The move comes after Megan Thee Stallion was granted a temporary restraining order (TRO) Monday against 1501 Entertainment and Crawford. She said she took the "extraordinary step" of filing for a TRO because her label was instructing her distribution company "not to release or distribute any of her new music." She argued that her new music was scheduled to be released on Friday and if it wasn't, it would "have a devastating impact, and cause irreparable injury" to her career. The Houston judge agreed and granted her a TRO allowing her to release new music.
On Tuesday, 1501 Entertainment and Crawford asked the court to dismiss the TRO, accusing the singer of a "systematic breach of her contractual obligations" and trying to prevent them from enforcing their rights under their distribution agreement. Attorneys for 1501 and Crawford argued Pete was crafting "a smoke-screen narrative of intimidation and fear with baseless and irrelevant social medias post" and that she has "continuously and flagrantly disregarded every contractual obligation she owes to 1501 per the terms of the Artist Agreement."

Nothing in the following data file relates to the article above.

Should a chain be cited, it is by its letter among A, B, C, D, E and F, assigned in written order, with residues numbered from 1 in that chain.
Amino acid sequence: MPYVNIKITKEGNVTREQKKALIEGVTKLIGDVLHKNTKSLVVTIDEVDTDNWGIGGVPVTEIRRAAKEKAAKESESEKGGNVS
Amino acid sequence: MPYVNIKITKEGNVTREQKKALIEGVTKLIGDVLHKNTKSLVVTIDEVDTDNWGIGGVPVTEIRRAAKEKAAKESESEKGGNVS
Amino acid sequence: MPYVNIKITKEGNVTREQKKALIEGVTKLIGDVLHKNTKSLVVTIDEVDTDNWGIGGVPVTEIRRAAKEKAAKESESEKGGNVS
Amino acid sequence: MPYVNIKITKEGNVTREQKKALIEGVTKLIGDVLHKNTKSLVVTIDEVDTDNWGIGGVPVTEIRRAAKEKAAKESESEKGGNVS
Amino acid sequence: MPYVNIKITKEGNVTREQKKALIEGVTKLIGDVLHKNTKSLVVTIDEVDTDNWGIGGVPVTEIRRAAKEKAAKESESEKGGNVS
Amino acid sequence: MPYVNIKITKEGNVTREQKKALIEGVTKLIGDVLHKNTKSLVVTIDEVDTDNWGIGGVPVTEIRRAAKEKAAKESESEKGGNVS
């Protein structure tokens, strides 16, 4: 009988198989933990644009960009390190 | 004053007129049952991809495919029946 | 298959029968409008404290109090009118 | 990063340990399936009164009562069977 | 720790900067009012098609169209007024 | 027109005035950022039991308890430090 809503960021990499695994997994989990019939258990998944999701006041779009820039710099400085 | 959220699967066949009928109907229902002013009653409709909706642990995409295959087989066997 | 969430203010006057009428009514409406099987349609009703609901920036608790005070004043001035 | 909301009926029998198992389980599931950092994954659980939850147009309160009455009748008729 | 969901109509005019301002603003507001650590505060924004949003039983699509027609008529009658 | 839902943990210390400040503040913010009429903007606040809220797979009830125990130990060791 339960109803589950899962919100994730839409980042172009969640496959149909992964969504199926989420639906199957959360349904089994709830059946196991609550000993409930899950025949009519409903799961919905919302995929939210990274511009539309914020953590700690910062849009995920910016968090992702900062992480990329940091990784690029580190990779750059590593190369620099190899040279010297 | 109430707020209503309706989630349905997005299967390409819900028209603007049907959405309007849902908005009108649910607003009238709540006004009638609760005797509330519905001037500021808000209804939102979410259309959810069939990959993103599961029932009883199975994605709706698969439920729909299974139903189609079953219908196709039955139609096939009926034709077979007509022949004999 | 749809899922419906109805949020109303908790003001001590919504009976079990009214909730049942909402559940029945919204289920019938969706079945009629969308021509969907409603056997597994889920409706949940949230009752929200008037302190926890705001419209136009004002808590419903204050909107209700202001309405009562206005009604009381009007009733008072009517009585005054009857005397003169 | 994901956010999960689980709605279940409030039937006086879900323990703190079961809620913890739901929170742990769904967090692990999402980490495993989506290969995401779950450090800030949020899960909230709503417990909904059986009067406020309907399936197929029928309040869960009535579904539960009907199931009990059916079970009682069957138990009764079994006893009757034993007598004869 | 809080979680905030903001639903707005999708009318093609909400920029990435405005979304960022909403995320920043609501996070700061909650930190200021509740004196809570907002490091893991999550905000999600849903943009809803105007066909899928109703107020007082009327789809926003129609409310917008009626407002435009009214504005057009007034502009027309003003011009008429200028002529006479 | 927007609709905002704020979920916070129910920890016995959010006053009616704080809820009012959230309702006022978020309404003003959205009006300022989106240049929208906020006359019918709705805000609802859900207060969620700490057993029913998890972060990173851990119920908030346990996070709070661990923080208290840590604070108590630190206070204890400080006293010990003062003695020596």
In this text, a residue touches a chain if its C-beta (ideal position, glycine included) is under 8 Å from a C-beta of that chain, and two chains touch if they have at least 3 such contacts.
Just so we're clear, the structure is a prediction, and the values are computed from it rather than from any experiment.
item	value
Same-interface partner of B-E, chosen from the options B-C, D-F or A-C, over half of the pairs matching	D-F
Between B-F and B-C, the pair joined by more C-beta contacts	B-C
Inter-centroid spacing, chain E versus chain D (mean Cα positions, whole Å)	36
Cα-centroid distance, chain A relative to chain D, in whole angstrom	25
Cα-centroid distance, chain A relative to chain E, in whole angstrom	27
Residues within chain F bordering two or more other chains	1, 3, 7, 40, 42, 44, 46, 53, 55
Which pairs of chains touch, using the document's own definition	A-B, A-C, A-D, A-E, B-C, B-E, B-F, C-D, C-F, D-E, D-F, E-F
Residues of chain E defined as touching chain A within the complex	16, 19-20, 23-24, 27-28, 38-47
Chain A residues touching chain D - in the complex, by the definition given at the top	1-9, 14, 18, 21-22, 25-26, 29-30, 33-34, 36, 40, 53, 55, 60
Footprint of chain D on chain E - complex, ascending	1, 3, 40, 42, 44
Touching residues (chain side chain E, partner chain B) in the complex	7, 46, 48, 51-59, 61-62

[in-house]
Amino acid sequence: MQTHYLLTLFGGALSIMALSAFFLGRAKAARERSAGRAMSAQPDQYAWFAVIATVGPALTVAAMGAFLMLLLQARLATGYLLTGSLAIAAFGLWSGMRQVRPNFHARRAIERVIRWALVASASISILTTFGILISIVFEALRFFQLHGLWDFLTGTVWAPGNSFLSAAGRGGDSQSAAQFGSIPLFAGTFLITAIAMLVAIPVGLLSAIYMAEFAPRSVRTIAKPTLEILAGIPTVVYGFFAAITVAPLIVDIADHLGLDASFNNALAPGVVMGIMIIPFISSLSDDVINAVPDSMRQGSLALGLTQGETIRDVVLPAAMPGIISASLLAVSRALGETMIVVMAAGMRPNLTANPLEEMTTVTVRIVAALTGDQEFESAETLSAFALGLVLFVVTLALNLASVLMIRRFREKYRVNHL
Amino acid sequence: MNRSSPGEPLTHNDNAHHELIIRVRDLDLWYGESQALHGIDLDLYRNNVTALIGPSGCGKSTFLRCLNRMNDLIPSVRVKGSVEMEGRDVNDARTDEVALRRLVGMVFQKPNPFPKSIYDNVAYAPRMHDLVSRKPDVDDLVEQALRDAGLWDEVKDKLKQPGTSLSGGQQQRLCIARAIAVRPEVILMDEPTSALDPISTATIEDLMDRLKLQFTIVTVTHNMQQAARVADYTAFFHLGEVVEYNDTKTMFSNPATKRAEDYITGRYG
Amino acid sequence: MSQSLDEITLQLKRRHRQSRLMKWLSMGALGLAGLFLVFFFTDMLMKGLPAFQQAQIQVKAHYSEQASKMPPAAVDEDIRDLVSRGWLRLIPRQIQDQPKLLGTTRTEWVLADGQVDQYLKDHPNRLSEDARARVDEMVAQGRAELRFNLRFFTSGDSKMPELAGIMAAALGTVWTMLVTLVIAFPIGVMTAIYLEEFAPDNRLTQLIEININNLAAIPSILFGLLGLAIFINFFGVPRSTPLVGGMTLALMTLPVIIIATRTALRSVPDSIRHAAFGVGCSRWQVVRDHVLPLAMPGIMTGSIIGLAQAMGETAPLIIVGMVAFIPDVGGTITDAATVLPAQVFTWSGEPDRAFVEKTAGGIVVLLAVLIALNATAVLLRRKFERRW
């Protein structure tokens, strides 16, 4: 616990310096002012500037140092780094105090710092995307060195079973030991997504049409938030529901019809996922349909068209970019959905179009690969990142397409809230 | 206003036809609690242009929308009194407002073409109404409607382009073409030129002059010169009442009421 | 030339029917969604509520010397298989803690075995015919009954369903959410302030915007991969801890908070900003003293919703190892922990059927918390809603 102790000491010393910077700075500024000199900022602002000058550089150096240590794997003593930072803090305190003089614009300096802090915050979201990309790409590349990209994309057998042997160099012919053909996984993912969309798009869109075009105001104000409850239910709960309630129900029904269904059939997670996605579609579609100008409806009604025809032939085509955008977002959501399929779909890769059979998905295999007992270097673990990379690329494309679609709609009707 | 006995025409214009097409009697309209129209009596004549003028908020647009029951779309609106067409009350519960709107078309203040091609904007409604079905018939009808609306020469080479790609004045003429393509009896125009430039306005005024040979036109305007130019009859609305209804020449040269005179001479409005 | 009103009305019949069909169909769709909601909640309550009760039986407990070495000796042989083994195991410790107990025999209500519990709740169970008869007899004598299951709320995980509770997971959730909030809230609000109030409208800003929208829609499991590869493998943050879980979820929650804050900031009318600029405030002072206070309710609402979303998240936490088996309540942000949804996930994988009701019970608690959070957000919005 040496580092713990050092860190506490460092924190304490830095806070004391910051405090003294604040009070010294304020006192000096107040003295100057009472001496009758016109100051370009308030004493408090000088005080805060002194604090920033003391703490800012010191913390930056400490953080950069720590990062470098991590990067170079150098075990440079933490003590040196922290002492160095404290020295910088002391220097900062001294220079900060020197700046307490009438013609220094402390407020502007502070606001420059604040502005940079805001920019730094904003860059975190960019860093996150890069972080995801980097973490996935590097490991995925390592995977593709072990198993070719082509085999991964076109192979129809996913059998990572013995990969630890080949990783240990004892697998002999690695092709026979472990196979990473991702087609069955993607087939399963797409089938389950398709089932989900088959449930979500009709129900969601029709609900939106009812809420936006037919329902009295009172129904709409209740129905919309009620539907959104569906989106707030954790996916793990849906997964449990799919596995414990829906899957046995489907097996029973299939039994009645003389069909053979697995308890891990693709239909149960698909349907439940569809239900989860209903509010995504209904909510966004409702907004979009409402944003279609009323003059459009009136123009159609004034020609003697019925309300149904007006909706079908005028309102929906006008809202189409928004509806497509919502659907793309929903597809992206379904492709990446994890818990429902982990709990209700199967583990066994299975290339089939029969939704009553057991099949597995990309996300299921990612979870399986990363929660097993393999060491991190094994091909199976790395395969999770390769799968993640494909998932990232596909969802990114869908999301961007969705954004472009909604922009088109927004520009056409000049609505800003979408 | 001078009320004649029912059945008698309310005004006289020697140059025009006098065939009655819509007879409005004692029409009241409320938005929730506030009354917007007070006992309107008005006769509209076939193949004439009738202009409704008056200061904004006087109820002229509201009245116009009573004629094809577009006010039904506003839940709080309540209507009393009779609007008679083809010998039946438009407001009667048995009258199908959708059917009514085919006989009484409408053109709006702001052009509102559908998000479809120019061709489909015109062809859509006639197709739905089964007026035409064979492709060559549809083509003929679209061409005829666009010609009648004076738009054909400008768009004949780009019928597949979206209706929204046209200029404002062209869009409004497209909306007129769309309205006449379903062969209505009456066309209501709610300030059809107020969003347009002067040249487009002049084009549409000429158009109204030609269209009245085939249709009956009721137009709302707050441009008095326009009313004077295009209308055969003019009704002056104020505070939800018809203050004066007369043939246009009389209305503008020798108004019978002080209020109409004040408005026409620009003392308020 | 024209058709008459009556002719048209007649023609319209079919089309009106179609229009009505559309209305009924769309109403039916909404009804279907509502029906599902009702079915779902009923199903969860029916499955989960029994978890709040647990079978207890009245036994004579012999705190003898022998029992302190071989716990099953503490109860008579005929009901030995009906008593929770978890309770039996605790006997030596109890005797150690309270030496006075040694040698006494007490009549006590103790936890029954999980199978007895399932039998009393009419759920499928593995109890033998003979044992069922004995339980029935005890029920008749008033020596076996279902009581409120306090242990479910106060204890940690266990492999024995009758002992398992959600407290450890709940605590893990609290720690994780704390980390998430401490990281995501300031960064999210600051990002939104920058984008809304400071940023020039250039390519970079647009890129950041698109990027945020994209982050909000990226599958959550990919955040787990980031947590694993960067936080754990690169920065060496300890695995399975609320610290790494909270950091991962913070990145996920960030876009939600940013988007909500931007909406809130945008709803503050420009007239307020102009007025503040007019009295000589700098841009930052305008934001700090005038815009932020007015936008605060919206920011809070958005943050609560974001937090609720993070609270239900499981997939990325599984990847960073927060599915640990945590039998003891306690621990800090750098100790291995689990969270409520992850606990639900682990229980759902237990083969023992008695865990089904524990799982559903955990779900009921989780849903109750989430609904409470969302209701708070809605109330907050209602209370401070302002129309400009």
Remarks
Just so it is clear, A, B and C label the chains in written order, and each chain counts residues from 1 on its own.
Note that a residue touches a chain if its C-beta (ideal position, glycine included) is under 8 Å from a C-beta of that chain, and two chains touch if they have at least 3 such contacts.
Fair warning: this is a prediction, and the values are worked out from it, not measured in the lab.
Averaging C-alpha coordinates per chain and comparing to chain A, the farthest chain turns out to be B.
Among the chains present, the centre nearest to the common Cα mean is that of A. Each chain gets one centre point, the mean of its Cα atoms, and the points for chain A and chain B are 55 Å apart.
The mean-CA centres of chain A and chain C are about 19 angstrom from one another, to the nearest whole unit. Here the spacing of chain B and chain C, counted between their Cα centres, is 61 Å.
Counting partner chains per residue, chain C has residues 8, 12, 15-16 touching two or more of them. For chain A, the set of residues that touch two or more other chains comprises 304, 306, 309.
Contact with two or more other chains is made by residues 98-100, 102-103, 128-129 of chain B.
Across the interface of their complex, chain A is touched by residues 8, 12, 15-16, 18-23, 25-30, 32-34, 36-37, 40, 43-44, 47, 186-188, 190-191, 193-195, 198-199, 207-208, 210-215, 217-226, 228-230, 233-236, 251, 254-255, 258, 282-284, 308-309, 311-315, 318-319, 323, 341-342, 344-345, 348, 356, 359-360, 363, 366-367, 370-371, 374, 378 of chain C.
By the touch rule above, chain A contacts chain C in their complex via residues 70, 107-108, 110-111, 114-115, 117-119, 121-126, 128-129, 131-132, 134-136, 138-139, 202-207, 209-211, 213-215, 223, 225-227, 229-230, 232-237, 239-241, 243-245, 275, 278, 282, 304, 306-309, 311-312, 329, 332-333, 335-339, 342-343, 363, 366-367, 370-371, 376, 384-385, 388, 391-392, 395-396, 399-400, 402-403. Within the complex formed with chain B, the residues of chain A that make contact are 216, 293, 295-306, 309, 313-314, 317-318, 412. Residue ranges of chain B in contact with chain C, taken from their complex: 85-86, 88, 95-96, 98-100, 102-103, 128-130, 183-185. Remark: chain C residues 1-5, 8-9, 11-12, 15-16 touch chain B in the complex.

Judge Miller ultimately ruled that the TRO would remain in place and that "the album at issue may be dropped for distribution March 6, 2020." Miller said the restraining order is in place for the mutual benefit of all parties and has ordered all parties to refrain from threatening and or retaliatory social media posts.
Per the ruling issued Monday, 1501 Entertainment was ordered "to do nothing to prevent the release, distribution, and sale of Pete’s new records," to "refrain from threatening or posting any threatening any retaliatory social media posts or threats against Pete," to "refrain from threatening anyone associated with Pete or trying to prevent or limit others from working with Pete" and "to not intentionally falsify, alter, spoil, hide, transfer, or otherwise destroy any documents, evidence or recordings related to Pete in any way."